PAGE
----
The conscious irony in DSCH’s music is clear and obvious, and we have his own ‘signpost’ in case we’ve somehow missed it – the incongruous quotations in Symph #15. However, it’s a technique which had been embedded in his writing for years.

    Look at the scene when the cops turn up at Katerina’s wedding – he lovingly pastiches the musical-emotional vocabulary of “denouement” scenes in Rossini & Bellini.* In a way it’s postmodern – conscious re-use of existing musical building-blocks to achieve a subversive end. Just when it seems that Sergey & Katerina are going to get clean away, in a world based on new values and social norms – the moral cops of Rossini’s time emerge through a time-hole to arrest them for their transgressions.

    * I wonder if it prompted Britten’s Bellini spoof in the opera-within-an-opera in MSN? Although it’s a device BB might easily have come up with himself too.

    Regarding DSCH’s use of standard, even archaic forms and formats (such as symphonies, string quartets, fugues etc) I’d agree there are clear reasons why he reached out to these forms. Having been carpetted on multiple occasions, very possible over extra-musical elements in his works, it’s entirely credible – to me – to see how he might resolve to work in musical formats where he would be immune to oafish criticism, and answerable only to other musicians for his work. What criticism could a strutting commissar make of a countersubject in a fugue? Only his own peers would have the critical apparatus to go tyre-kicking. And these forms came ready-coated in moral and academic respectability. Sitting in the Great Hall of the Moscow Conservatoire, you see the huge benign portraits of Tchaikovsky, Bach, Handel, Mozart, & Wagner gazing down from the walls. How could it therefore be ‘wrong’ to emulate their work, and the forms in which they wrote it. It was a watertight argument to keep the troglodytes at bay, and largely work without the hand of the censor round your neck the whole time.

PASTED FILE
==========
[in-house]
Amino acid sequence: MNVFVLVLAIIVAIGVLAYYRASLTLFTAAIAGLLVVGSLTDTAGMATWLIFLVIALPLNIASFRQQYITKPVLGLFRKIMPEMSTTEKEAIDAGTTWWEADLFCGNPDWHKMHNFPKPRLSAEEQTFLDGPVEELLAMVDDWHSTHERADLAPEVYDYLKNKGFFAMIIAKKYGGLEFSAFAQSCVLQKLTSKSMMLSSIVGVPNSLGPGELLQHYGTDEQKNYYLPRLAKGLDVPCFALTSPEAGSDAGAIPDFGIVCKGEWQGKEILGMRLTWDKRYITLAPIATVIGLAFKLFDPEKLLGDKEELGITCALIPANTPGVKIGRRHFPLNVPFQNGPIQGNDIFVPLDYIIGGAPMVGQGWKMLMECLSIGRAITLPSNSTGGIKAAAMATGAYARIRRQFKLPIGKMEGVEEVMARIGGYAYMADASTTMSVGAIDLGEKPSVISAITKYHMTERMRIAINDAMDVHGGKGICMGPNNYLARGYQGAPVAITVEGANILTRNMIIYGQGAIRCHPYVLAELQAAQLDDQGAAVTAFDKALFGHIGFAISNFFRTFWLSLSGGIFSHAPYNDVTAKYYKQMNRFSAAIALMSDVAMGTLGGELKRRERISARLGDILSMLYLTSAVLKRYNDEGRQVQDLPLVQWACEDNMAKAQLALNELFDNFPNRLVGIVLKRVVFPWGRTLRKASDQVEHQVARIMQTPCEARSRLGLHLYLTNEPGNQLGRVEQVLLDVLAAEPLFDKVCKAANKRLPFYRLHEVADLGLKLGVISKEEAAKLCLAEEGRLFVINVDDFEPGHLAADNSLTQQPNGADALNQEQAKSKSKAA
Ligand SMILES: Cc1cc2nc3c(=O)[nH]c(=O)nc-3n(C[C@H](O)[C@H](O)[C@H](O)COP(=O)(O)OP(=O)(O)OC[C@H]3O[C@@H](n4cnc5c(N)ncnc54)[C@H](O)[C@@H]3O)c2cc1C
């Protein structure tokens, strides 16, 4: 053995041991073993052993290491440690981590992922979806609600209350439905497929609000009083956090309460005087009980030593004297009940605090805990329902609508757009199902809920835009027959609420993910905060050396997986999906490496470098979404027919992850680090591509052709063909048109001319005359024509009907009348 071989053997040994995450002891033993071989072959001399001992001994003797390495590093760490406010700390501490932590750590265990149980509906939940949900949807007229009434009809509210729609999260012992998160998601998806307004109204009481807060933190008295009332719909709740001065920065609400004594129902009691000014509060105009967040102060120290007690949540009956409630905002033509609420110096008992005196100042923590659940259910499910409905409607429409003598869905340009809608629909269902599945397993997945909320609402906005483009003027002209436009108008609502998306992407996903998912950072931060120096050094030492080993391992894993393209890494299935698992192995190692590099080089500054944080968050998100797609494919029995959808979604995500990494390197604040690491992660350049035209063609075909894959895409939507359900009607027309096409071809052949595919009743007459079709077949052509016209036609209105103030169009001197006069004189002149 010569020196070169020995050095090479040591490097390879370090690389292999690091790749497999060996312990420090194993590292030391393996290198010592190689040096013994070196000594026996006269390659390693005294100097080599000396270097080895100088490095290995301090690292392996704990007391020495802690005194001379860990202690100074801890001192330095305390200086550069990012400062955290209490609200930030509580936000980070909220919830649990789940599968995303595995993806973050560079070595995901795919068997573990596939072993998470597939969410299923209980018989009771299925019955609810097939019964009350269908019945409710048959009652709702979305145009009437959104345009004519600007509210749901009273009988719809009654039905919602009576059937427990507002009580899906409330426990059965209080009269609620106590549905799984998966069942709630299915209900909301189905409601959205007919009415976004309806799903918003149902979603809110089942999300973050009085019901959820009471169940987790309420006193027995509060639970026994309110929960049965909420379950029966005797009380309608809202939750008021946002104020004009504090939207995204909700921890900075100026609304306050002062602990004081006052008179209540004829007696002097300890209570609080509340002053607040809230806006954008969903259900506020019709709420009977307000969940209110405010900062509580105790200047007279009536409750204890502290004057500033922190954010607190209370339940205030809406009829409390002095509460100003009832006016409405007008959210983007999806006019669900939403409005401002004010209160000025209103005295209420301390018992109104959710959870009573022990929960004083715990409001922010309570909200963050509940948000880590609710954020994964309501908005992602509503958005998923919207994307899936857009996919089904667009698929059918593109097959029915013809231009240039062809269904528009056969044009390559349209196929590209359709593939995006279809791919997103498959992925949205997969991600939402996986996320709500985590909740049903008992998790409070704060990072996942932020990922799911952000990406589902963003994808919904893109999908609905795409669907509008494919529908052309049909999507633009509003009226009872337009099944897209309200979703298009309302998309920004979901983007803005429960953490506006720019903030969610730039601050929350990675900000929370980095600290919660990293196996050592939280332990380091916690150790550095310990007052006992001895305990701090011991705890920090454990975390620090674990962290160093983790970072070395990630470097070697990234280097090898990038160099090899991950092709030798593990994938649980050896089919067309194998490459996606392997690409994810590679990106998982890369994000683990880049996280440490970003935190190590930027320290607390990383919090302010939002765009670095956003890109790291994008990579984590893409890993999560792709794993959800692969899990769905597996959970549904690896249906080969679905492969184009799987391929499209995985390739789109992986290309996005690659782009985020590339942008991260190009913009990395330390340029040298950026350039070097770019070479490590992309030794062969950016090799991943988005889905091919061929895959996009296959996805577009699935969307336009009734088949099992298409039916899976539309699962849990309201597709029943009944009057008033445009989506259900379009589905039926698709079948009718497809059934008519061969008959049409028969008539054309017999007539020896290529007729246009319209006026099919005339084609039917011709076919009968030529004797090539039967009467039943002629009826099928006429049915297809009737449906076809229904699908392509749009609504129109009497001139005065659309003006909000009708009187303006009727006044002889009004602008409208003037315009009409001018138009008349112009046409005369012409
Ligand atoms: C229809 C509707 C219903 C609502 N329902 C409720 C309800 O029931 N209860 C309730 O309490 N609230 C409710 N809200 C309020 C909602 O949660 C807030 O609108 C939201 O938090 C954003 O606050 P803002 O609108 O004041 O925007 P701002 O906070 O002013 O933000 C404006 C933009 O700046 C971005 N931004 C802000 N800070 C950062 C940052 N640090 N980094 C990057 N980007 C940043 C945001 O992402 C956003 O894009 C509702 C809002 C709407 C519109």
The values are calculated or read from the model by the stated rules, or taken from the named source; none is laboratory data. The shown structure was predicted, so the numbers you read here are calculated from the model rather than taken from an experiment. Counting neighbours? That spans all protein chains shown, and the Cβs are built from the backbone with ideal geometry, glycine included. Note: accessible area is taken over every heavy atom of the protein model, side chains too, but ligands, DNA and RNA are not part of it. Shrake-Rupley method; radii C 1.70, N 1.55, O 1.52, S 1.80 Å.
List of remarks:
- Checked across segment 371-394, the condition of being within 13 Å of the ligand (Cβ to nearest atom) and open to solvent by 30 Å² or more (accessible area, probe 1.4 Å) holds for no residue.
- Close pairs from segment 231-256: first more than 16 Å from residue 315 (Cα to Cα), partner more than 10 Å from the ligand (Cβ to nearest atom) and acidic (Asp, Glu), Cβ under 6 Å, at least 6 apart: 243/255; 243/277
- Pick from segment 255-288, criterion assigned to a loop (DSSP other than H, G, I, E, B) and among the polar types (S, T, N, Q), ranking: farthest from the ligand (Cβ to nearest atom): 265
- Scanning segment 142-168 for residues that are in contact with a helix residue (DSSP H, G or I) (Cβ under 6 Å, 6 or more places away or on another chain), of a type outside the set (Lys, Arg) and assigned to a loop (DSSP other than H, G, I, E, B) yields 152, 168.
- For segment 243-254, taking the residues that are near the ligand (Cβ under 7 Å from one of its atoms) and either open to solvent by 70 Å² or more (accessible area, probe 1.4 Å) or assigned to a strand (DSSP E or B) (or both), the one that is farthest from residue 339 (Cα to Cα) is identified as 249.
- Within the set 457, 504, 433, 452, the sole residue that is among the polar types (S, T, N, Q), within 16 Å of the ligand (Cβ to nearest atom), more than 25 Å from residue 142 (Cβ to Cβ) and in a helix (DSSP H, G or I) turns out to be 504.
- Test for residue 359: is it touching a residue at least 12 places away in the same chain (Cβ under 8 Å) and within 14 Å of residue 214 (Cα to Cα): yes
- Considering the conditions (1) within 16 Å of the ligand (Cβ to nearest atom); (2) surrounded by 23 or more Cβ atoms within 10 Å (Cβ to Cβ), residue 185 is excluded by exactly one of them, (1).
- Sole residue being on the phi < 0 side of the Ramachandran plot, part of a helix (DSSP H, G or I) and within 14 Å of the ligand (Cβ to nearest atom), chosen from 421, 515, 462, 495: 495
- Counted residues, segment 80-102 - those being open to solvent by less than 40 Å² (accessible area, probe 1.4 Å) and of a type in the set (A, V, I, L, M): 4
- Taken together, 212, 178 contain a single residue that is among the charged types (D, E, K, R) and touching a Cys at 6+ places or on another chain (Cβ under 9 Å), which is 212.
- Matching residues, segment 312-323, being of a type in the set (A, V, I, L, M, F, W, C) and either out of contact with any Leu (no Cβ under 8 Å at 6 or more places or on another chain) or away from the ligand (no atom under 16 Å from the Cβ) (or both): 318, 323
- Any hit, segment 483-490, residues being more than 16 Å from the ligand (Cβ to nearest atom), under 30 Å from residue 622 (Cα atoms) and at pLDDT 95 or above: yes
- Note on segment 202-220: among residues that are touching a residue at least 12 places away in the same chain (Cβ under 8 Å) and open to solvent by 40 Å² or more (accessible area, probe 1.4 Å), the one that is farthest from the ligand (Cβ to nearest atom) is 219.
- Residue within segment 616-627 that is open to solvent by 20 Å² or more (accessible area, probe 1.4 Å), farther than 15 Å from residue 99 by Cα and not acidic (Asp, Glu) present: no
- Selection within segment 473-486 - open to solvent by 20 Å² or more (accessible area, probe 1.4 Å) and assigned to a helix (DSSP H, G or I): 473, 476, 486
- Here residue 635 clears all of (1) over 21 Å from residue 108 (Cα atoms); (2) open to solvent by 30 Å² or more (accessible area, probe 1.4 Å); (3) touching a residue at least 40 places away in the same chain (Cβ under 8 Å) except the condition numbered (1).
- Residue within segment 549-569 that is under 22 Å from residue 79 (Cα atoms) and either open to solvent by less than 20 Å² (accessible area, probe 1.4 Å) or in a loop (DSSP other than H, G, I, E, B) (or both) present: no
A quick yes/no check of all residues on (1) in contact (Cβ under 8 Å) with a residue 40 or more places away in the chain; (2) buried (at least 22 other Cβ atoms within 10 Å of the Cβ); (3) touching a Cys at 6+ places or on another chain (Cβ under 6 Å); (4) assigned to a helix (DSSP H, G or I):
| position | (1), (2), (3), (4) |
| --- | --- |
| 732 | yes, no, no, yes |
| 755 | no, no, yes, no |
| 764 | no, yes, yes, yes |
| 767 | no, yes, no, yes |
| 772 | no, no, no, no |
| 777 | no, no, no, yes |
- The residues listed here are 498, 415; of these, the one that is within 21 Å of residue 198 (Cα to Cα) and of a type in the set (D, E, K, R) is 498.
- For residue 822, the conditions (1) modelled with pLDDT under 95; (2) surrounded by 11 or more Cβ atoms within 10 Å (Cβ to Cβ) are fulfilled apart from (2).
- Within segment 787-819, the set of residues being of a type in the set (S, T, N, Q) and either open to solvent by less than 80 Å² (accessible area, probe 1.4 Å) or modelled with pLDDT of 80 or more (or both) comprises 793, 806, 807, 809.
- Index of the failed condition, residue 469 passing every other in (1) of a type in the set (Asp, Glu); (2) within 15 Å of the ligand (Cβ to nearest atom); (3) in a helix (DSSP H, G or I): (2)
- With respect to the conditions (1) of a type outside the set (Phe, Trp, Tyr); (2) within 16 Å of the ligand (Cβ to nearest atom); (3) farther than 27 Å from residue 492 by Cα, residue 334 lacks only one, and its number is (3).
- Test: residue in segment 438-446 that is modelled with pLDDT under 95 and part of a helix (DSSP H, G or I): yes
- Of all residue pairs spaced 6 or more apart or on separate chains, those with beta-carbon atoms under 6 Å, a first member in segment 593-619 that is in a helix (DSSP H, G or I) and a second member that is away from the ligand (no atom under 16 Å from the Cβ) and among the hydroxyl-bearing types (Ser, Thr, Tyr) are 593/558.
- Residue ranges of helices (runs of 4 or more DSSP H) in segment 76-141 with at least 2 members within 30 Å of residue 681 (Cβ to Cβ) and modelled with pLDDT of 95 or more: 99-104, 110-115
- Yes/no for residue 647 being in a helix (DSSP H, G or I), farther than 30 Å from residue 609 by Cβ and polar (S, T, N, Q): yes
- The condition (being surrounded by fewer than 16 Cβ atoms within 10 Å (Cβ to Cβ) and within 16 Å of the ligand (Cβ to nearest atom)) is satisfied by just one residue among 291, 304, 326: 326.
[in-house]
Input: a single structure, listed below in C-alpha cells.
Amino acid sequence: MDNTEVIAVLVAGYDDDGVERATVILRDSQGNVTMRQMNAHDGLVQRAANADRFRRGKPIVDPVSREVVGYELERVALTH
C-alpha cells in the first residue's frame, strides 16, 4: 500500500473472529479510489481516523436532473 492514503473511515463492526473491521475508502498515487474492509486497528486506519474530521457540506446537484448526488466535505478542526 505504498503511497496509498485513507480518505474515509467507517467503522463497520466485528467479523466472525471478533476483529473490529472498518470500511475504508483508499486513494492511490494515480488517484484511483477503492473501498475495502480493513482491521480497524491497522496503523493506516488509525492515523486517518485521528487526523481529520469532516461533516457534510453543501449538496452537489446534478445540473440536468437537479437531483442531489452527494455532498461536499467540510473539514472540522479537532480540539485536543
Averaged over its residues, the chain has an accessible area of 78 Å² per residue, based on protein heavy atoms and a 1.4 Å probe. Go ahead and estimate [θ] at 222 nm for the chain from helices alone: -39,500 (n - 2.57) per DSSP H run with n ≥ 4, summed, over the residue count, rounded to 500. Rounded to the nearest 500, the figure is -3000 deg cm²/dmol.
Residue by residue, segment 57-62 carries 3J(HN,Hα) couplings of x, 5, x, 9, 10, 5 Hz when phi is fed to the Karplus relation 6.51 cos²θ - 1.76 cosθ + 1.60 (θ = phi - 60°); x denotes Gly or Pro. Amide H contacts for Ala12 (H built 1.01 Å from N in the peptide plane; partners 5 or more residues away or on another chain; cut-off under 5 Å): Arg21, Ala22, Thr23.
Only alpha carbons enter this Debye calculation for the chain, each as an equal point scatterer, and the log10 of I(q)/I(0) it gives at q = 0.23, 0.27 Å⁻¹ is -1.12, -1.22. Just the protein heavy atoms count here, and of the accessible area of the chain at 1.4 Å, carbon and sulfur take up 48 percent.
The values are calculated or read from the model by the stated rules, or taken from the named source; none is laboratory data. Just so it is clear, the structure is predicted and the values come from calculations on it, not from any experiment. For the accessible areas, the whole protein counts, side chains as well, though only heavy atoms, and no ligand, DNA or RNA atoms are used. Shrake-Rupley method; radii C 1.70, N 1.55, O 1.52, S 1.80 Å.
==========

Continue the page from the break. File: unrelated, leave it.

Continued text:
And if they came to him for some opening fanfare for a Trade Union Congress, he’d knock something out to keep them happy. It seems very likely, from all the evidence, that Shostakovich did indeed believe in socialism, despite all the knocks he’d taken – in fact his anger with it stemmed from the way its potential had been stolen and abused by individuals.

    But where *can* composers work without the meddling of politicians? I saw the UK premiere of DR ATOMIC a couple of years ago, in London. There was a huge 6-page programme note by Adams, in which he outlined the way he’d been forced to rework the libretto material so as to cause less offence to the State Department. The original libretto had gone on to illustrate how Oppenheimer had been persecuted by the Anti-American Activities Committee… plus c’est la meme chose….